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Cairo, Egypt
Fast Facts
Historic Interest
Ancient Ruins
Market / Fair
Tourist Attractions
Points of Interest Nearby
Family Travel Tips

Pyramid of Khafre, Giza


Photo by Alfredo De Simone

Apart from the hazard of crossing the street, touring Cairo with children is no different than taking the kids to any other capital city. It can be exhausting when visited at a breakneck pace, boring if too much time is spent at one place and wholly rewarding when a child's interests are considered. There is much to this city of 20 million that kids find fascinating! And street life is but the start. Tour the Pyramids at Giza and Dahshur and explore the temples inside and out. Visit the Egyptian Museum and ogle at King Tut's tomb. Cruise the Nile on a felucca and view Cairo in a different way. Float on the river at night and take in a belly dancing show. Don't forget to make time for a trip to Khan al-Khalili, Cairo's principal marketplace. It is a great place to experience commercial Cairo and introduce kids to the art of bargaining.
Getting There
Families traveling to Cairo by air will arrive/depart Cairo International Airport in Heliopolis. The airport is 22 km (14 miles) northeast of central Cairo and 40 km (25 miles) from the Giza Pyramids. While low cost airlines do not yet offer service to Cairo charter companies can be a valid alternative from select European cities. CairoTaxi provides a car service between Cairo International Airport and area hotels and can be booked online. Families traveling to Cairo from Luxor, Aswan, Alexandria, Marsa Matrouh, Port Said or Suez may want to consider the train. The sleeper service is operated by Abela Egypt. The Ramses Railway Station (Mahattat Ramses) is the main train station in Cairo.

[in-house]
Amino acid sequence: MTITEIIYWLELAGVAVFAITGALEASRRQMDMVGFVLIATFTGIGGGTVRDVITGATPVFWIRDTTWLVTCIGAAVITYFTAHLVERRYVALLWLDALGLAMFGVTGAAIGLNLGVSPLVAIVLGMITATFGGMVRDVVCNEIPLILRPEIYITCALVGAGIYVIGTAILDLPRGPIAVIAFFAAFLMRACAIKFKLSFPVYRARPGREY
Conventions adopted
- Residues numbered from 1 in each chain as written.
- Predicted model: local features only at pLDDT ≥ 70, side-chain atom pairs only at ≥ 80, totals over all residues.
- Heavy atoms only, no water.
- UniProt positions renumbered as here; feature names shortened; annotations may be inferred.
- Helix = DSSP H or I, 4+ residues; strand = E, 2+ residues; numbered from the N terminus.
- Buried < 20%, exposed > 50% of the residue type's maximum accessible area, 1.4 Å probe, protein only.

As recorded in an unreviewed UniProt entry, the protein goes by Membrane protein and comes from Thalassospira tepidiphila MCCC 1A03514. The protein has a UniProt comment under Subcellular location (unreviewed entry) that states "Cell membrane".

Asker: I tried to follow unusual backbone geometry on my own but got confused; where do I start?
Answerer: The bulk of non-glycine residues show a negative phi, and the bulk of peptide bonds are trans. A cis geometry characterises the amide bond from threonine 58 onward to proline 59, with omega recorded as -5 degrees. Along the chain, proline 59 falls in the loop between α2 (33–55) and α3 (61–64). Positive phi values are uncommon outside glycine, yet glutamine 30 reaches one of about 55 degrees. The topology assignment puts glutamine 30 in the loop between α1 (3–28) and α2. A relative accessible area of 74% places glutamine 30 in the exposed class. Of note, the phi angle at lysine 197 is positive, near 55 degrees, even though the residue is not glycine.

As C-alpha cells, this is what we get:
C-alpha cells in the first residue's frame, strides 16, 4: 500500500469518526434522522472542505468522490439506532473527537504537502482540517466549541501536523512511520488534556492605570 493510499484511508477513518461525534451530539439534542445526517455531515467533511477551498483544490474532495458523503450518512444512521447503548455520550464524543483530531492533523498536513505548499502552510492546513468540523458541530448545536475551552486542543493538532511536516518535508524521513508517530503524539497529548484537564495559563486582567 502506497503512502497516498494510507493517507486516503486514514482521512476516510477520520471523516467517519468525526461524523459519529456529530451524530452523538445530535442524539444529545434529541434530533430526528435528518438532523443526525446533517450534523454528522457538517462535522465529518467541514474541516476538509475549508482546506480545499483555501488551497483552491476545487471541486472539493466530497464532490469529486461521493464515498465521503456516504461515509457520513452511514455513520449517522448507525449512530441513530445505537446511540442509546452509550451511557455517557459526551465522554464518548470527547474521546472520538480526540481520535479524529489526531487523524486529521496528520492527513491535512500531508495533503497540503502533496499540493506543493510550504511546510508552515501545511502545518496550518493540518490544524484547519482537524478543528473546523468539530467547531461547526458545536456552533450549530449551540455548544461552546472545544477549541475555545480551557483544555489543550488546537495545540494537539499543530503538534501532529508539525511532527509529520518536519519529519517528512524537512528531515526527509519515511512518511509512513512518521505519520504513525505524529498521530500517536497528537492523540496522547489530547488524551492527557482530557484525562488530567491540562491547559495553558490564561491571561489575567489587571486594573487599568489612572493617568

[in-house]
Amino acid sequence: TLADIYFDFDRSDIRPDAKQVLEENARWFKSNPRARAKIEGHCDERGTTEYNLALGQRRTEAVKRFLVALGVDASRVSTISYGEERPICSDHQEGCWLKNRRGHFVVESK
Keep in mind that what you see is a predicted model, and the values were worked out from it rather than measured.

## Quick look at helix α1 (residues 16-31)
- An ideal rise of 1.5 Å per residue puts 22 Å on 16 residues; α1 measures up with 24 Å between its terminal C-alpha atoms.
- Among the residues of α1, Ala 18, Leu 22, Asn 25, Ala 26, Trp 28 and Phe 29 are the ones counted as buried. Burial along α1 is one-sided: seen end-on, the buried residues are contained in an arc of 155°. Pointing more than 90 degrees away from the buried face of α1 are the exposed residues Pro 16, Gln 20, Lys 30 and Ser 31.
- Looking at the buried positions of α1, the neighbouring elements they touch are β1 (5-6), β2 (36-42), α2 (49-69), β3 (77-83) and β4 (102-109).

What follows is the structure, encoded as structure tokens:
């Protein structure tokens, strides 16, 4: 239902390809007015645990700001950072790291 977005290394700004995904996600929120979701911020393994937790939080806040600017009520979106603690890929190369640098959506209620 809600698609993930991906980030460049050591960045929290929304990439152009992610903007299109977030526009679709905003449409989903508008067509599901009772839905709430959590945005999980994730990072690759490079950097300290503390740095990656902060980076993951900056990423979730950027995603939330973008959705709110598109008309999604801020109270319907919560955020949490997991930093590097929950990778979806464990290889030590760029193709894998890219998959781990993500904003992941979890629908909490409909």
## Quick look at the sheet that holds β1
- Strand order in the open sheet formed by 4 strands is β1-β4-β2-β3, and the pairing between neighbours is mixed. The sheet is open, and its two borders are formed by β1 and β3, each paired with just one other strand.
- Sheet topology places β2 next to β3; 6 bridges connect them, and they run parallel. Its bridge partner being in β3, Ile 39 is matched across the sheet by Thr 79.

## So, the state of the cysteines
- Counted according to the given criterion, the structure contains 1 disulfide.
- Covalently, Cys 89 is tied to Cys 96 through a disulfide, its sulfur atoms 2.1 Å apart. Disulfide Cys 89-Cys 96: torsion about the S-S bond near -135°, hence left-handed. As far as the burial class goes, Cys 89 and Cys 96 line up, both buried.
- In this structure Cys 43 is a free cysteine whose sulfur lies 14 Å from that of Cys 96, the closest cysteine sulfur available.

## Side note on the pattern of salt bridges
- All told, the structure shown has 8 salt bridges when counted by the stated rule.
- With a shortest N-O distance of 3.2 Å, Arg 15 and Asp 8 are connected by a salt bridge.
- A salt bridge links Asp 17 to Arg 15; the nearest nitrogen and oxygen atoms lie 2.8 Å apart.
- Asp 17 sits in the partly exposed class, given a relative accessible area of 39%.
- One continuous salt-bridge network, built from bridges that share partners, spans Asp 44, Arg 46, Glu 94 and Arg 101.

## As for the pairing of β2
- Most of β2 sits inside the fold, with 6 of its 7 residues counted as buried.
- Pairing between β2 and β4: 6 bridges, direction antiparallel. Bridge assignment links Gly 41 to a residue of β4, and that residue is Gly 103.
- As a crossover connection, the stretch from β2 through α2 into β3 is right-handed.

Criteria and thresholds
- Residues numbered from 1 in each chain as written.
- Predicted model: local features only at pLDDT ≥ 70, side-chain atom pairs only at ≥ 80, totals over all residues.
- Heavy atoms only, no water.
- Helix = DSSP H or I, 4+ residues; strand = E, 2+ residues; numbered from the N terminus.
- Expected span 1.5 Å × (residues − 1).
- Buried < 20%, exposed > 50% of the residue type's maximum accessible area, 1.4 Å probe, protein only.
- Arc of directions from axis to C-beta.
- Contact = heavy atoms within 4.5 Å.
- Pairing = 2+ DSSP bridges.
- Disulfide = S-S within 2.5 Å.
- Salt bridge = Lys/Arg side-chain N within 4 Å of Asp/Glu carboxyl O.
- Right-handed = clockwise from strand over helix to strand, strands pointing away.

Getting Around
Driving in Cairo can be a hair-raising experience: parking is limited, little attention is paid to traffic lights and lane markers, and rush hour is a constant throughout the day. Thankfully, renting a car is not a necessity. Buses and minibuses crisscross the city and make it cheap to get around. The metro is surprisingly efficient and remarkably clean. Cairo's fleet of black and white taxis are inexpensive and abundant. Car services, an upscale alternative, can be booked through high-end hotels and offer a ride in style as well as the guarantee of a return trip at a predetermined price. No matter how you choose to get about here are few words to the wise. Everything in Cairo is negotiable. The fare, calculated on distance and time, should be agreed upon before you get in. The amount shown on the meter is meaningless. Be sure to carry small bills, drivers are reluctant to provide change. Car services cost significantly more than taxis. If you book an excursion through your hotel find out what is and what is not included in the price before you pay. Understanding the cost of the trip's individual components, such as taxi fare and entrance fees, is fundamental to establishing value.
When to Travel
The best time of the year to visit Cairo is from October to April even if the months of December and January can be overcast and cool. Heat and pollution make Cairo unbearable from June to August. The peak season is New Year and Easter.
Health & Safety
Traveler's diarrhea is the most common aliment afflicting tourists in Cairo. Avoiding tap water and unpasteurized milk are the cornerstones to prevention. Drink bottled water and eat cooked or peeled fruit and vegetables and packaged ice cream only. While the incidence of theft and crime is negligible big city caution and common sense are warranted. Do not leave valuables lying about in your hotel room, be careful how you carry your money on crowded public transport, make you sure you have all of your luggage and bags when you alight a taxicab and keep an eye, if not a hand, on the kids at all times. Particular care is warranted when crossing the street; it is a game of chicken most children find disconcerting.
Things to Keep in Mind
The price of nearly everything is negotiable and hustlers are part and parcel of travel to Cairo. Be wary of individuals offering advice on local hotels and museum opening hours as well as those offering to broker services for a taxi or a tour. But don't be rude just say 'No thank you'. Families traveling with small children should note that this city of 20 million is next to impossible to navigate with a stroller. If you intend to explore Egypt's capital on foot use a child carrier instead.
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